European Commission - Internal Market, Industry, Entrepreneurship and SMEs

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TOWARDS A RAW MATERIALS STRATEGY FOR THE EUROPEAN CERAMIC INDUSTRY

Acronym: 
CRAM
Abstract / executive summary: 

The ceramic industry is important for the European economy (€28 bn production value; 200,000 direct jobs; €4.6 bn positive trade balance; 80% SMEs) and a leading technological sector. Technological innovation in the ceramic industry has been deeply changing the manufacturing cycle and the requirements for raw materials. Classic categories are practically useless to estimate the effective potential of industrial minerals for ceramics and to reveal possible criticalities. Besides the growing concern on waste recycling, a recognized approach to assess the actual potential of residues as ceramic raw materials is still lacking.
CRAM wants to gather information, specific for the ceramic sector, and to elaborate tools that could help drawing a strategy for raw materials in the European ceramic industry. The main CRAM actions will cover:
1) identification of critical situations in raw materials supply in order to create a CRMs list from the ceramic industry viewpoint;
2) study of the ceramic raw materials flow in Europe with case studies on key production countries (Spain, Italy and Turkey);
3) technological classification of ceramic raw materials to support geological mapping and exploration;
4) industry-oriented definition of feasible alternatives (primary and secondary raw materials) to current key resources trying to apply the circular economy concepts to the ceramic sector (technological and environmental feasibility, LCA, design of recycling solutions for distinct wastes; definition of added-value waste-based products);
5) roadmap to new ceramic products and processes in function of the medium- to long-term availability of raw materials.

Coverage of the Action Areas referred to above: 

Activities on DATA INPUT will cover the organization of databases incorporating data and information of primary and secondary ceramic raw materials; maps and evaluation of European stocks (primary mineral deposits, waste facilities, and their state). For secondary raw materials, the urban mine inventory will include also materials flows of end-of-life products throughout the recycling chain. Information on existing techniques/technologies and business models that support circular economy will be considered with emphasis on design trends, new products, material use, and treatment technologies which impact how materials are collected and treated.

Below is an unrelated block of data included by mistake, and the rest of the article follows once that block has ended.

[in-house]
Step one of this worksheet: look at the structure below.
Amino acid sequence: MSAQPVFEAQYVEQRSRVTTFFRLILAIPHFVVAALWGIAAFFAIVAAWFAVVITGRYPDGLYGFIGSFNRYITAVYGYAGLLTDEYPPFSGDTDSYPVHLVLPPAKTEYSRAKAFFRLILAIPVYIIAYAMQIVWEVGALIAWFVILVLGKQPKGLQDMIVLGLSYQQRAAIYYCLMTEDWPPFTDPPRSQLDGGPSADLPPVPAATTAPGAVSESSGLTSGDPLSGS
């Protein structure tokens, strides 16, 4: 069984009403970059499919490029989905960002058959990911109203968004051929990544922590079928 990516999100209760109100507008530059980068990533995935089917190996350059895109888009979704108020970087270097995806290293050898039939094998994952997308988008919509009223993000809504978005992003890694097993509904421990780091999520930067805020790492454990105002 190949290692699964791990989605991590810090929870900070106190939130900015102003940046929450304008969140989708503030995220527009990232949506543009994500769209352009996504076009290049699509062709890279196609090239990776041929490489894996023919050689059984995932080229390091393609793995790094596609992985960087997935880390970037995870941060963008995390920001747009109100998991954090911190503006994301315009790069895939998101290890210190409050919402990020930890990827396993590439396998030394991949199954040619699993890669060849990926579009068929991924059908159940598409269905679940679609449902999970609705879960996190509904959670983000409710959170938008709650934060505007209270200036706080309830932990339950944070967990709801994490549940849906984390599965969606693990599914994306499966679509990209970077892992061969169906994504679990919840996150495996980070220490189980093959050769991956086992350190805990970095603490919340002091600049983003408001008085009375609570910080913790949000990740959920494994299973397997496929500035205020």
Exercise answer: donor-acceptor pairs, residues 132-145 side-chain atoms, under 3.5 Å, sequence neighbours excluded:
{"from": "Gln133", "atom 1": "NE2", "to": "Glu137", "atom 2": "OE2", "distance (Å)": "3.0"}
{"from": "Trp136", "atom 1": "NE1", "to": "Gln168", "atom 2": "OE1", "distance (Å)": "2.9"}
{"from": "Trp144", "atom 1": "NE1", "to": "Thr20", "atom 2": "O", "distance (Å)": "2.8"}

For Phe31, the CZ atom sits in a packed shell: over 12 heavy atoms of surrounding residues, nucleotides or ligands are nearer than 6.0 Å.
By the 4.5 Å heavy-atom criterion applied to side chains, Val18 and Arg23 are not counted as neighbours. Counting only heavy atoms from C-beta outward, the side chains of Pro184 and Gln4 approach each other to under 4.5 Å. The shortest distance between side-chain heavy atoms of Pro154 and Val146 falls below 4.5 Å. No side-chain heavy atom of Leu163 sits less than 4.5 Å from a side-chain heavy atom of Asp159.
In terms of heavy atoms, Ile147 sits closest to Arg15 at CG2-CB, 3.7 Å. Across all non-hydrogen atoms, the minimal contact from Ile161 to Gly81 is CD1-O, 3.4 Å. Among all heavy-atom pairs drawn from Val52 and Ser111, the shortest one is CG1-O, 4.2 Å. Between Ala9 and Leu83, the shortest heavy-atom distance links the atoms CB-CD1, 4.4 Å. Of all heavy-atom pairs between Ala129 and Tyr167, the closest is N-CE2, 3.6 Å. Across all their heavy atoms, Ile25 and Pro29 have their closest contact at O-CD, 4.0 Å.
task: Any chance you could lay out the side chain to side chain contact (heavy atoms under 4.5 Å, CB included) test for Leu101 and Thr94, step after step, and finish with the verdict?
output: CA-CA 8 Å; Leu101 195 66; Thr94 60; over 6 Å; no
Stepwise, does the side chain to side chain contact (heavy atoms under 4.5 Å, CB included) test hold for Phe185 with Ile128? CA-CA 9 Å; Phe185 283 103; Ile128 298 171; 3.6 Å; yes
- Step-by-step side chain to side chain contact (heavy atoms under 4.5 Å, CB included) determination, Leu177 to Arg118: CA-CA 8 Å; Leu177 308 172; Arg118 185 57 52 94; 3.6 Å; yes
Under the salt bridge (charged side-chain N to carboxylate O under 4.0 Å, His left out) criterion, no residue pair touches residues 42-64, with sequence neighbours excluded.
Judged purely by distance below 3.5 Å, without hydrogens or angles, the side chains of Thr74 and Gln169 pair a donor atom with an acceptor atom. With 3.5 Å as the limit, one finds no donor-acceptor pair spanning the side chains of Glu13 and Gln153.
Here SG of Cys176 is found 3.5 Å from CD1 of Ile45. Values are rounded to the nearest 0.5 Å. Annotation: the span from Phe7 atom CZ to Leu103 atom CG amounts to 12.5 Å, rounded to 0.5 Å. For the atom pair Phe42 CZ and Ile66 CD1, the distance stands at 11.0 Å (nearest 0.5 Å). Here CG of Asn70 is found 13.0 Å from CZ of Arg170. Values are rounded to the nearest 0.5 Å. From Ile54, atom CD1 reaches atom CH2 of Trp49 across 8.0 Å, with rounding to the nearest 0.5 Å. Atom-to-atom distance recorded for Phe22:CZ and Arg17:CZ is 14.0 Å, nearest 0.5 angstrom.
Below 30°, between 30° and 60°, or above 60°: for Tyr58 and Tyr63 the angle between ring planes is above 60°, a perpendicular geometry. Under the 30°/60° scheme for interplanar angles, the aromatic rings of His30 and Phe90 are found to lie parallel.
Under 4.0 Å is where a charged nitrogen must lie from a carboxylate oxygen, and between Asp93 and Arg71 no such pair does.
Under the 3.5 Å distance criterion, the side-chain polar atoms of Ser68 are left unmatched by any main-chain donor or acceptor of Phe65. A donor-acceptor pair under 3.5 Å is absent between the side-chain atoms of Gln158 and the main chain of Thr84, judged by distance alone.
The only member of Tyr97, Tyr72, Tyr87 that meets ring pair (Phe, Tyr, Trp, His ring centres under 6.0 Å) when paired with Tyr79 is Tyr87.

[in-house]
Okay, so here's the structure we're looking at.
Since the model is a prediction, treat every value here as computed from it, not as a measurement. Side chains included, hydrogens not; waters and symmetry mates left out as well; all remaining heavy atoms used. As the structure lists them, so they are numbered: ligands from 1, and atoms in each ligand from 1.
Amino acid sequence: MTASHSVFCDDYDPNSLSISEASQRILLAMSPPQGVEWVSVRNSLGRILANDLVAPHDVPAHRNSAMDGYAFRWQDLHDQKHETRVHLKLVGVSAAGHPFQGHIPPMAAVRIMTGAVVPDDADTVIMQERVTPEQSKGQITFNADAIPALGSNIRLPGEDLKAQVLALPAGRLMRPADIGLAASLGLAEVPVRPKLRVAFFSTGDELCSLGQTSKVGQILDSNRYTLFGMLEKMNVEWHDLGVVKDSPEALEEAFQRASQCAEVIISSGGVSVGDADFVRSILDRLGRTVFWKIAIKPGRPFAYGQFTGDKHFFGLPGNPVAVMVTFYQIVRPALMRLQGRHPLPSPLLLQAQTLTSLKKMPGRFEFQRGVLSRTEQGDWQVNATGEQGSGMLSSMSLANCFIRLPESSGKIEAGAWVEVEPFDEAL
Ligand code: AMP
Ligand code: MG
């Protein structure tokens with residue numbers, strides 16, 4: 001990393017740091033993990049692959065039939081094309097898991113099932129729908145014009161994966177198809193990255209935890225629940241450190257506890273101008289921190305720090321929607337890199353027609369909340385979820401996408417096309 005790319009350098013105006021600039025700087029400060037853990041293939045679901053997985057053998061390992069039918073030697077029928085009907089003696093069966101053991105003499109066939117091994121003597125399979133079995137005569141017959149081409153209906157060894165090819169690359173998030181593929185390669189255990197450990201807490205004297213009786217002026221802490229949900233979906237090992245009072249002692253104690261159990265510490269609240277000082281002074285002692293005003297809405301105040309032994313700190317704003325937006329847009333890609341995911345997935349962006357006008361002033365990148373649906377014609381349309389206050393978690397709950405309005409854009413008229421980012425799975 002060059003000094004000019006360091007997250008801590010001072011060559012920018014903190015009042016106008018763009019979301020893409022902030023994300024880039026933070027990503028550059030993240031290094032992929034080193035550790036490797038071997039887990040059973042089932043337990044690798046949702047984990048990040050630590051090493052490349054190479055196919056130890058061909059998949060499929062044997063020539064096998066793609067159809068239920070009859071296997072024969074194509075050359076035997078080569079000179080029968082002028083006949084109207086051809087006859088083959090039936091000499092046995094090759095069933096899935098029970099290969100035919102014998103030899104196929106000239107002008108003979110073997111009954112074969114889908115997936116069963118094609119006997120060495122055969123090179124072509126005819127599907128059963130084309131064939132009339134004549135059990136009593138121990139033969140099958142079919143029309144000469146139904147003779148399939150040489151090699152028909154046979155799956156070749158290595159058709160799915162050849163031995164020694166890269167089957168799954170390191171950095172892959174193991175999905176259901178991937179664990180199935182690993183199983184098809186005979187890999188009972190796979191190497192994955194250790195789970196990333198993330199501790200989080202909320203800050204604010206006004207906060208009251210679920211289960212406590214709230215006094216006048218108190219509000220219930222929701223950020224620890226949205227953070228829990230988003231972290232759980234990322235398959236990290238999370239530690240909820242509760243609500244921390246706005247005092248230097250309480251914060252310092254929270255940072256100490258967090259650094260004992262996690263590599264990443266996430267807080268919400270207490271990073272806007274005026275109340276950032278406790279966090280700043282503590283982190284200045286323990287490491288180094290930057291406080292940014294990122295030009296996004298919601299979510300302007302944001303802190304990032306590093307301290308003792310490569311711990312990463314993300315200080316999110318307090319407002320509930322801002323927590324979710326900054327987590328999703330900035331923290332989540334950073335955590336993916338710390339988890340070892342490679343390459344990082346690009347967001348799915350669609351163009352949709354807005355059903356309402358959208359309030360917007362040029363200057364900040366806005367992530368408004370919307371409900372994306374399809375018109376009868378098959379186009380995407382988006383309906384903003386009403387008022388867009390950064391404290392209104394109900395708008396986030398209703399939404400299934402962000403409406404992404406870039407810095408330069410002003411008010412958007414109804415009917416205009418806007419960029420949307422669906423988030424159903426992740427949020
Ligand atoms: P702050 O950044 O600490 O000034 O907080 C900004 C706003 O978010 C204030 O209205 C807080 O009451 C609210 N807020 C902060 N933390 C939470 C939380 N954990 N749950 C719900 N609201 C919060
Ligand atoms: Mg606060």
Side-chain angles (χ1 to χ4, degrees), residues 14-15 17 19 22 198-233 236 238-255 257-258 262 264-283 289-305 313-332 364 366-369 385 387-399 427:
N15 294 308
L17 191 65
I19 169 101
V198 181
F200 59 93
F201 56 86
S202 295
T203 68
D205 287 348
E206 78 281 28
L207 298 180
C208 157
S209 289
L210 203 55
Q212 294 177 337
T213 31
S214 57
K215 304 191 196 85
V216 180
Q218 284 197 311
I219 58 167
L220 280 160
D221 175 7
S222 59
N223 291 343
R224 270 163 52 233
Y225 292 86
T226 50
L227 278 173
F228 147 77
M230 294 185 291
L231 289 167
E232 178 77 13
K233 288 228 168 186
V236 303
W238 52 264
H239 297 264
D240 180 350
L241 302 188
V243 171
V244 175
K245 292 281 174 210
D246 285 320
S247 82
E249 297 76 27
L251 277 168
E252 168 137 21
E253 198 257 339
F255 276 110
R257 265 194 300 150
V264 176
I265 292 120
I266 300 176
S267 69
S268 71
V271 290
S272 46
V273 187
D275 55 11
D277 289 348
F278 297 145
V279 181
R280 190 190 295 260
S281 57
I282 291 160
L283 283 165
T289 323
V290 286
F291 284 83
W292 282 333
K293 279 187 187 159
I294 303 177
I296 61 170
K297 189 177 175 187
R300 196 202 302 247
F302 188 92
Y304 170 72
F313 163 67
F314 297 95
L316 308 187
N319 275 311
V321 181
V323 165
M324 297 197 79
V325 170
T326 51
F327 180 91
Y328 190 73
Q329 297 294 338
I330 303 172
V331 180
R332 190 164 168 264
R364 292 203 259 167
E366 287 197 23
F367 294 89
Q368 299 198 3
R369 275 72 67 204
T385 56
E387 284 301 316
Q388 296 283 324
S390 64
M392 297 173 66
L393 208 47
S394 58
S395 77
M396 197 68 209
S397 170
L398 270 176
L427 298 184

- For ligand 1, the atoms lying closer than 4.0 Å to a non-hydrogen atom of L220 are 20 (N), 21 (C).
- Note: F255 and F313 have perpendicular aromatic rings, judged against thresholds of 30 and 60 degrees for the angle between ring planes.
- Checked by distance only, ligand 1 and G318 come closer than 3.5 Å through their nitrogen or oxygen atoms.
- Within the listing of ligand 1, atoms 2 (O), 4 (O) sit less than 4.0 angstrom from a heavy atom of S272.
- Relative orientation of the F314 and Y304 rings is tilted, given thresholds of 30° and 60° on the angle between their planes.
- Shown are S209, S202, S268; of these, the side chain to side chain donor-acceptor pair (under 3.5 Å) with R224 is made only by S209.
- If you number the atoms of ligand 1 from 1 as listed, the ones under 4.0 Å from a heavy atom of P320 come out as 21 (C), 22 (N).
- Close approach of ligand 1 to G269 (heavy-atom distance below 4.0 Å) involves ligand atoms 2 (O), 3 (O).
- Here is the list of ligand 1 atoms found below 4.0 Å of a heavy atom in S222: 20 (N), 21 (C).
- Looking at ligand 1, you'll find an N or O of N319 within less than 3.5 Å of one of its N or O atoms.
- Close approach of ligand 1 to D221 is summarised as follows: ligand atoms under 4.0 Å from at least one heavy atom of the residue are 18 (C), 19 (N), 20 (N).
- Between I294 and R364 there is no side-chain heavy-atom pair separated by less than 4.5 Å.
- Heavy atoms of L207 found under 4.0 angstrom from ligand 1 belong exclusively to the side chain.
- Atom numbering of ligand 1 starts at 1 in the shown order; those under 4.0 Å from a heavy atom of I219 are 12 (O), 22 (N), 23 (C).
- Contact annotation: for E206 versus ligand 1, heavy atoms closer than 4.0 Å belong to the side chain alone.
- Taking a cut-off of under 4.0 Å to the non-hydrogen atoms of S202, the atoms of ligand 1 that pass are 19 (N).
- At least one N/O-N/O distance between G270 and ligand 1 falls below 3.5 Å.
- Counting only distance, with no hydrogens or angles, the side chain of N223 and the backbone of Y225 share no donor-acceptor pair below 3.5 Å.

Activities on RAW MATERIALS INTELLIGENCE will cover methods and tools, in particular: ceramic raw materials statistics (including waste statistics), LCA on case-studies, forecasting global supply/demand by the European ceramic industry (based on benchmarking available information), prediction scenarios drew on global primary, recycling and substitution basis. Analysis on policy, regulations, and trade issues could be included.
Activities on END-OF-LIFE PRODUCTS RECYCLING will cover the review of innovative technological solutions for recovery of useful materials from complex end-of-life products that could be exploited as ceramic raw materials, so contributing to improve the economic sustainability of recovery operations.
Activities on RECYCLING OF CONSTRUCTION AND DEMOLITION WASTE (CDW) will cover the review of technological solutions for the valorization of CDW as ceramic raw materials, by assessing the technological, technical, environmental and economic feasibility. The existence of possible hindrances and bottlenecks to the CDW recycling in the ceramic production will be addressed.

Objectives of the commitment: 

CRAM is aimed at providing data and information toward an industrial strategy for ceramic raw materials in Europe. A dual approach, by fostering an interplay between the knowledge on mineral/waste potential and that on ceramic technology, is needed to go beyond running EU projects in this field. It can help drawing some of the innovation paths in the next decade. Expected results: 1) identification of critical situations in raw materials supply (CRMs list from the ceramic industry viewpoint); 2) study of the ceramic raw materials flow in Europe; 3) technological classification of ceramic raw materials to support geological mapping and exploration; 4) industry-oriented definition of feasible alternatives (primary and secondary raw materials) to current key resources; 5) roadmap to new ceramic products and processes in function of the medium- to long-term availability of raw materials.

Description of the activities: 

1) Identification of critical situations in raw materials supply in order to create a Critical Raw Materials list from the ceramic industry viewpoint. Use of the USA and EU models of criticality. Extending the evaluation beyond the CRMs concepts to entail: technological value, medium- to long-term availability, logistics stress test.
2) Study of the ceramic raw materials flow in Europe by covering supply to wall and floor tiles, tableware and sanitaryware, bricks and roof tiles, glazes and pigments, refractories and insulators, lightweight aggregates, ceramic pipes. Case studies on key production countries (Spain, Italy and Turkey).